ROTTERDAM — After years of planning, scraping together funding, and pandemic-induced delays, upgrades to Rotterdam Fire District #2 received a $1 million boost this past week.
Much-needed upgrades on the firehouse’s parking lot, including stormwater improvements and a reconfiguration of an access road, began at the Curry Road facility a few weeks ago and are expected to wrap up by November, according to Kevin Thomas, a commissioner with the department.
But the parking lot improvements are just the first phase of a $1.8 million project expected to wrap up later this year or early in 2023. Plans also call for construction of a new two-story storage garage that will double as a training center for new members and a decontamination facility, allowing the department’s 40 active members to rid themselves of cancer-causing materials after responding to a fire.
The work on the new facility will likely begin shortly after the completion of the parking lot upgrades.
“It’s a big thing to be able to clean yourself and your gear after fires,” Thomas said. “We’ve been doing that in the main facility. Now that will be out in the garage.”
Response time will not be disrupted during construction, according to Thomas.
The department, which receives more than 300 calls annually, began planning the project roughly four years ago, not long after it acquired additional land following the construction of the Residences at Vista Square, a 208-unit apartment complex that opened adjacent to the firehouse in 2016.
Thomas said the additional space allowed the department to expand parking, a longstanding problem at the facility, while also addressing other issues, including storage, mechanical and plumbing upgrades, new lighting and additional landscaping and fencing.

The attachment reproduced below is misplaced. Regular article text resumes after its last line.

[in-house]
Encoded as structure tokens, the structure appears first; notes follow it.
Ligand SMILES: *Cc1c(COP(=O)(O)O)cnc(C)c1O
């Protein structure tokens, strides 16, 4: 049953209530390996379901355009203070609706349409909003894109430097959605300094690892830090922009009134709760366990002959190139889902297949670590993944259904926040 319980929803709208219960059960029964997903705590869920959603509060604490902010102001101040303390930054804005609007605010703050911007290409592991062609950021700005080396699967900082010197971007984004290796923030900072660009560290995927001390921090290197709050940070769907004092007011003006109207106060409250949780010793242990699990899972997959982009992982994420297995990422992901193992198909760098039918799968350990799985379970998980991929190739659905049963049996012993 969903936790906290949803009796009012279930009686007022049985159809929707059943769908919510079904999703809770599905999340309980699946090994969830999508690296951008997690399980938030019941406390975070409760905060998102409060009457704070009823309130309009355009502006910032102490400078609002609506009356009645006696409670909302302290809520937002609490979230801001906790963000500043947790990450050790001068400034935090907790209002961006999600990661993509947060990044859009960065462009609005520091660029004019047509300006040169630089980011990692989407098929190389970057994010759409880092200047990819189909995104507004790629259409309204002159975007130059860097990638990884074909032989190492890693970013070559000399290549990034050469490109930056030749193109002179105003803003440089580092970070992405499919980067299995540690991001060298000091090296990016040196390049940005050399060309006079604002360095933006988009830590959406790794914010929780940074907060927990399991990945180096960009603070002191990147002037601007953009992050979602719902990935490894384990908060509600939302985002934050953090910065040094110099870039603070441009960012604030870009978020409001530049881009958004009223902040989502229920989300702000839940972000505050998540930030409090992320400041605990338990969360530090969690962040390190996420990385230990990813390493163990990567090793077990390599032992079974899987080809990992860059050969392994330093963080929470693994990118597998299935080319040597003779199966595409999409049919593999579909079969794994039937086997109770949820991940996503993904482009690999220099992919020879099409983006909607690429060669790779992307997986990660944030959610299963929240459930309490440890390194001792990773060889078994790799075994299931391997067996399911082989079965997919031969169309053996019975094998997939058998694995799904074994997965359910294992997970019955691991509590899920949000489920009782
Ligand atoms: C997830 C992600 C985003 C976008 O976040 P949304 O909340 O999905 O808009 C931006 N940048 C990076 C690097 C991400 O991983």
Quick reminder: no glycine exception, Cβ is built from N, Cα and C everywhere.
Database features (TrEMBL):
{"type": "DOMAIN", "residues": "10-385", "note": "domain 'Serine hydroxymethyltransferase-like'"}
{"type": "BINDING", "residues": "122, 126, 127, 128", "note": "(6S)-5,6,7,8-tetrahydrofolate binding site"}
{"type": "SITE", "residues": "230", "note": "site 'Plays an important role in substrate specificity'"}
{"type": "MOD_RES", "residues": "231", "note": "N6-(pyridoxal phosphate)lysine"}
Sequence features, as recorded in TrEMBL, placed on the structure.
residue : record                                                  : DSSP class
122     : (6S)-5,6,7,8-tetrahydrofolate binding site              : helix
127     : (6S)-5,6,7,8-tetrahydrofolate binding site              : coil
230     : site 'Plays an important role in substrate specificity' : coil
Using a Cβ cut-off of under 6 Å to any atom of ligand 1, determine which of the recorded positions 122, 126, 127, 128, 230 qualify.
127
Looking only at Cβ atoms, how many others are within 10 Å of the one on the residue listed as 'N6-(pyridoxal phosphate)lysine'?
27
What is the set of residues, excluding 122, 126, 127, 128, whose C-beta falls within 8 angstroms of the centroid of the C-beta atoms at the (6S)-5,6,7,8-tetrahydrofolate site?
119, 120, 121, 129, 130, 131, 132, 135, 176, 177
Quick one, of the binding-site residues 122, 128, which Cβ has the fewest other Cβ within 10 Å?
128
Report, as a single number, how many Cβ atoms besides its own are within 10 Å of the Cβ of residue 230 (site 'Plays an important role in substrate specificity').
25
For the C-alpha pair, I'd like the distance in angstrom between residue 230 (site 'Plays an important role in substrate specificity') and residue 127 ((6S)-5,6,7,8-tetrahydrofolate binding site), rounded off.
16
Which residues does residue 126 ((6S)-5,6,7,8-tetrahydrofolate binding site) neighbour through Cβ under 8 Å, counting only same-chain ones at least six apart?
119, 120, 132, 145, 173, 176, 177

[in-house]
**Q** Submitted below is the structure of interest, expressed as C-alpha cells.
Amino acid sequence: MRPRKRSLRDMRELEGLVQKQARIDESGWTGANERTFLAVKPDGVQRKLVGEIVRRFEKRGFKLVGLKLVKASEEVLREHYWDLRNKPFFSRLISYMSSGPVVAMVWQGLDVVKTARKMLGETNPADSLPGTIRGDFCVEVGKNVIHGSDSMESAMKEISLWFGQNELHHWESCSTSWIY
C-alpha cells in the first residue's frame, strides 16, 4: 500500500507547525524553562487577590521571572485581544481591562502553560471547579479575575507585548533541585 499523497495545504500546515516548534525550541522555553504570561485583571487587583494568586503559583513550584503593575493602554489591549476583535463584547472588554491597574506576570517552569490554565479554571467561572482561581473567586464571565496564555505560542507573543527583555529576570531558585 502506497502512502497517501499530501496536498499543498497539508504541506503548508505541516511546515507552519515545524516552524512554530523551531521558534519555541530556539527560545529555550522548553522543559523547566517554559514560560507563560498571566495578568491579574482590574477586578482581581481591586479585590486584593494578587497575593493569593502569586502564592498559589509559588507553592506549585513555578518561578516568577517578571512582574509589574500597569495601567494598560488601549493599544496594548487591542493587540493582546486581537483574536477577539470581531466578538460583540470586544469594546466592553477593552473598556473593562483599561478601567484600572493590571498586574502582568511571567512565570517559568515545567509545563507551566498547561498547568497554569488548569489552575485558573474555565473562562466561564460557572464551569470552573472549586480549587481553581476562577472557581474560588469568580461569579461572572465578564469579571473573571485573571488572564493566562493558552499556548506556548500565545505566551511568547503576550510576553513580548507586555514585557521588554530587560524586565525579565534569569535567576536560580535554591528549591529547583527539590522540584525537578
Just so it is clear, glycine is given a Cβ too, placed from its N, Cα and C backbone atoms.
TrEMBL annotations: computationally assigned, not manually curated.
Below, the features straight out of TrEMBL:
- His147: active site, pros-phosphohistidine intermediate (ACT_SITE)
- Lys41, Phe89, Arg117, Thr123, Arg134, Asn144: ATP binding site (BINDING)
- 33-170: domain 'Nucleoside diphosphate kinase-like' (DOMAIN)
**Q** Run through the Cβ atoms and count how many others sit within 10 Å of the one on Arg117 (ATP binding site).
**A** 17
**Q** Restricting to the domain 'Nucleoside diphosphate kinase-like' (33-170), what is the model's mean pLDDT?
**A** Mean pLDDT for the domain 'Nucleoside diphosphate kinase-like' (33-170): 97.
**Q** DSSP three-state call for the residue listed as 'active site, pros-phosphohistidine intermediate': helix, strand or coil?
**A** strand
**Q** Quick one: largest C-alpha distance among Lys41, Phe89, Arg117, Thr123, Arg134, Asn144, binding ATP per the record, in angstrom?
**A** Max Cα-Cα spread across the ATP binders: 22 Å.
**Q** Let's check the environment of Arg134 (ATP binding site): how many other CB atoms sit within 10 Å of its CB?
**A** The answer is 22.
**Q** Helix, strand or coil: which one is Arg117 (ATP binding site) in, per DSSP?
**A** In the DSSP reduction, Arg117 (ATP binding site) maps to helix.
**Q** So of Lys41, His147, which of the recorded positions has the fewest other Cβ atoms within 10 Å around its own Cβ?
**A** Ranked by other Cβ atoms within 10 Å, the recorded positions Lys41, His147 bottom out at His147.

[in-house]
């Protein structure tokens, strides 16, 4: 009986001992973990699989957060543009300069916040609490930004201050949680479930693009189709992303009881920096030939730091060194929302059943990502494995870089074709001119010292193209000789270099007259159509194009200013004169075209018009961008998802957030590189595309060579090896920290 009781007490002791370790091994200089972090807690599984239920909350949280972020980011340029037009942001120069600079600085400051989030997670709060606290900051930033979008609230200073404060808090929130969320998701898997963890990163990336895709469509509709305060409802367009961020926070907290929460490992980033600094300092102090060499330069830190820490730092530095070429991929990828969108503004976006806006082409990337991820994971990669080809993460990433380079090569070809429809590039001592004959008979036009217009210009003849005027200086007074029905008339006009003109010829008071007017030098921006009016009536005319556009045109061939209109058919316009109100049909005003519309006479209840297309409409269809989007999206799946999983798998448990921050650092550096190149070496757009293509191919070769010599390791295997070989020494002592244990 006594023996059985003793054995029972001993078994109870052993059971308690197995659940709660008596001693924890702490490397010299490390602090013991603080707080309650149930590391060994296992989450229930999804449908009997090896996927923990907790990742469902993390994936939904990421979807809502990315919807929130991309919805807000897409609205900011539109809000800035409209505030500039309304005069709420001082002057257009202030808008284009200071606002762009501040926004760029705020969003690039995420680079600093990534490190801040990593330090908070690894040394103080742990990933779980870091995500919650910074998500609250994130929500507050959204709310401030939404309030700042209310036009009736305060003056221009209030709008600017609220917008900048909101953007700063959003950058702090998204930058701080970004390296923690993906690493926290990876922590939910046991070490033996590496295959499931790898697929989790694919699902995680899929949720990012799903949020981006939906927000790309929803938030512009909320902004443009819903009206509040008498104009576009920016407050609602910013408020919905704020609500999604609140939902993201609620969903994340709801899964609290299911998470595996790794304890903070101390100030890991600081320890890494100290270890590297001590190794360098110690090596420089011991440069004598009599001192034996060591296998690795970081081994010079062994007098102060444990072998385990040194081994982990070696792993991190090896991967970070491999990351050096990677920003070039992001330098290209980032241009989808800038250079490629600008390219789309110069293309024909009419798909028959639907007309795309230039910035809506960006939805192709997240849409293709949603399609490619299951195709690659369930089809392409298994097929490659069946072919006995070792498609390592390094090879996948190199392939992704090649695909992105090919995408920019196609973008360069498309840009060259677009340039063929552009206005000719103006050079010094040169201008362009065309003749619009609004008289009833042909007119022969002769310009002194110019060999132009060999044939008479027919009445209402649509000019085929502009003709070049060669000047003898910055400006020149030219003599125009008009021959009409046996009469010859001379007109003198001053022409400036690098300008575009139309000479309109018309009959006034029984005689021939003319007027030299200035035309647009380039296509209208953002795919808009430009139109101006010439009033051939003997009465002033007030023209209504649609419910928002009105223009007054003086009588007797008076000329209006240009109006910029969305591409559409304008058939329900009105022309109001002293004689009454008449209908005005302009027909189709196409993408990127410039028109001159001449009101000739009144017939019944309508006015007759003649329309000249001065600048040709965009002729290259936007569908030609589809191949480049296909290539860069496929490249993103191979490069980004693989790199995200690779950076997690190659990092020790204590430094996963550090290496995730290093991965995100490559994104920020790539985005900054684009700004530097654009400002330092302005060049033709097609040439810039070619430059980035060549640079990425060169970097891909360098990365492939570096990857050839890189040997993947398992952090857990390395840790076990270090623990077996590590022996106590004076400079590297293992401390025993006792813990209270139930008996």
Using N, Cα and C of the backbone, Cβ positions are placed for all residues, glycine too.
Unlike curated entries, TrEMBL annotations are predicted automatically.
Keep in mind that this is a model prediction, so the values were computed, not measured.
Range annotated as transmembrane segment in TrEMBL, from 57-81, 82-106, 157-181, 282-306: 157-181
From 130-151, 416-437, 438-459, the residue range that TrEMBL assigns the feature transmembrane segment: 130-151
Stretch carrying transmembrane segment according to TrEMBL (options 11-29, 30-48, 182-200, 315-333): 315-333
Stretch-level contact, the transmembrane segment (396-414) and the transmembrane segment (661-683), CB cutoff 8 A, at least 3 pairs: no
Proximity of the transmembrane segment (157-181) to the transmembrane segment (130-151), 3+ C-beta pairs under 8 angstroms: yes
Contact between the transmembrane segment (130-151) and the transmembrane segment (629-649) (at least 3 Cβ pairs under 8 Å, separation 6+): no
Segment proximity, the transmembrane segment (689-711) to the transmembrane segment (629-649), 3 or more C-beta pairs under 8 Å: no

The construction of a community pavilion is also in the plans. It will be complete with a kitchen, bathrooms and additional storage and utility rooms.
“It started as parking lot infrastructure,” Thomas said. “So that’s kind of what started the whole thing, and then it kind of moved forward to get additional storage and training facilities.”
To pay for the project, the department has been raising funds over the years, according to Thomas. The goal, he said, was to move the project forward without having to borrow or increase the burden on taxpayers.
“We work very hard every year to keep the tax increase at nothing, or very low in our district,” Thomas said.
Those efforts received a boost recently, when the department received a $1 million state grant to help cover the costs of the upgrades. The funds were presented by state Assemblyman Angelo Santabarbara, D-Rotterdam, during a media event last Tuesday.
The investment is the largest the department has secured and will cover a bulk of the project, said Thomas, who noted the remaining balance will be paid for with money the department has set aside over the years.
“Volunteer firefighters, such as those serving District 2 here in Rotterdam, are invaluable members of our community who run toward danger to protect others,” the commissioner said. “These dedicated public servants deserve facilities and equipment that allow them to perform their duties safely and comfortably.”
Contact reporter Chad Arnold at: [email protected] Follow him on Twitter: @ChadGArnold.